Almac Delivers Long Peptide for Vaccine

Almac Group, the contract development and manufacturing organization, has reported on its role in preparing and delivering a synthetically produced protein fragment to be used as a vaccine in a Phase I clinical trial for malaria, which is being developed by the European Vaccine Initiative (EVI). EVI is leading European efforts to develop effective, accessible, and affordable vaccines against diseases of poverty, and the “P27A” project is focused on evaluating the clinical safety and immunogenicity of the P27A protein as a malaria blood-stage vaccine candidate.

P27A is an intrinsically unstructured, 104-amino acid long hydrophilic fragment derived from the Plasmodium falciparum malaria protein, PFF0165c. It presents only one mutation in more than 90 plasmodium strains. Specific human affinity purified antibodies are inhibitory in vitro parasite growth and the antibody response in donors living in endemic areas is associated with protection against malaria.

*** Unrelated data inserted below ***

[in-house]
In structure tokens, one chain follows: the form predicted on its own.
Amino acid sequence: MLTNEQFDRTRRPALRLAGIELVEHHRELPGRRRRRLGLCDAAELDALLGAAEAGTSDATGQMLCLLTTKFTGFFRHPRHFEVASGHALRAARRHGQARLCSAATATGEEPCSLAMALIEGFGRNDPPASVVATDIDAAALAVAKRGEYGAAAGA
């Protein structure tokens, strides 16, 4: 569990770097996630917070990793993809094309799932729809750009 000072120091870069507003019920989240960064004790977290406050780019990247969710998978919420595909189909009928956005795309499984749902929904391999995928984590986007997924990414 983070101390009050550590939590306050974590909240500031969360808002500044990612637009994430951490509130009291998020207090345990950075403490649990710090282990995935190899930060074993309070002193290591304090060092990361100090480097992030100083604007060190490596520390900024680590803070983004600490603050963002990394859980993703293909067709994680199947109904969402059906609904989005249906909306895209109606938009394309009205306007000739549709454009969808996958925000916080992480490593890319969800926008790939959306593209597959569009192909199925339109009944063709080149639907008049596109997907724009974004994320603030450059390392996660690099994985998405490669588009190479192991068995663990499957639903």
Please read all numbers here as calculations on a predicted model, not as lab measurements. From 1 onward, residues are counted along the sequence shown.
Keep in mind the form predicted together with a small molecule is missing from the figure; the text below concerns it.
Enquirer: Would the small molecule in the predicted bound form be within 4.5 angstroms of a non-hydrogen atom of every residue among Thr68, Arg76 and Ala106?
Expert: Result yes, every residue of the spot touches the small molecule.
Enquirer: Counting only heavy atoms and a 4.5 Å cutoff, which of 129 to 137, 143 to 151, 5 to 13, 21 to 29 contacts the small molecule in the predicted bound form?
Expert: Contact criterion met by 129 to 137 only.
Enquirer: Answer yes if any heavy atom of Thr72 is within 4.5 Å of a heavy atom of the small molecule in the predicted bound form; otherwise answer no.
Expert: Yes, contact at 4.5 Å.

P27A was manufactured by linear solid phase peptide synthesis, using orthogonal Fmoc/tBu protecting group strategy. Development of the purification method of the crude protein fragment indicated that product of desired quality could be obtained by reverse-phase high-performance liquid chromatography (HPLC), which presented a challenge as this method did not scale-up effectively.

To address this issue, Almac combined its expertise and capabilities with the University of Lausanne, and developed a size-exclusion method as a preliminary purification prior to HPLC purification and counterion exchange to acetate. This process was applied to 50 g of crude P27A to furnish of the final peptide at approximately 90% purity. A total of 2,000 vials each containing 60 µg were successfully produced and released for use in clinical trial.

In January 2014, the two-center Phase I clinical trial of the P27A vaccine candidate started in Switzerland at the Centre Hospitalier Universitaire Vaudois, targeting adults from non-endemic areas. In August 2014, the trial proceeded to the target population in Tanzania at the Ifakara Health Institute. The initial results of the clinical study are expected in early 2015.

Source: Almac

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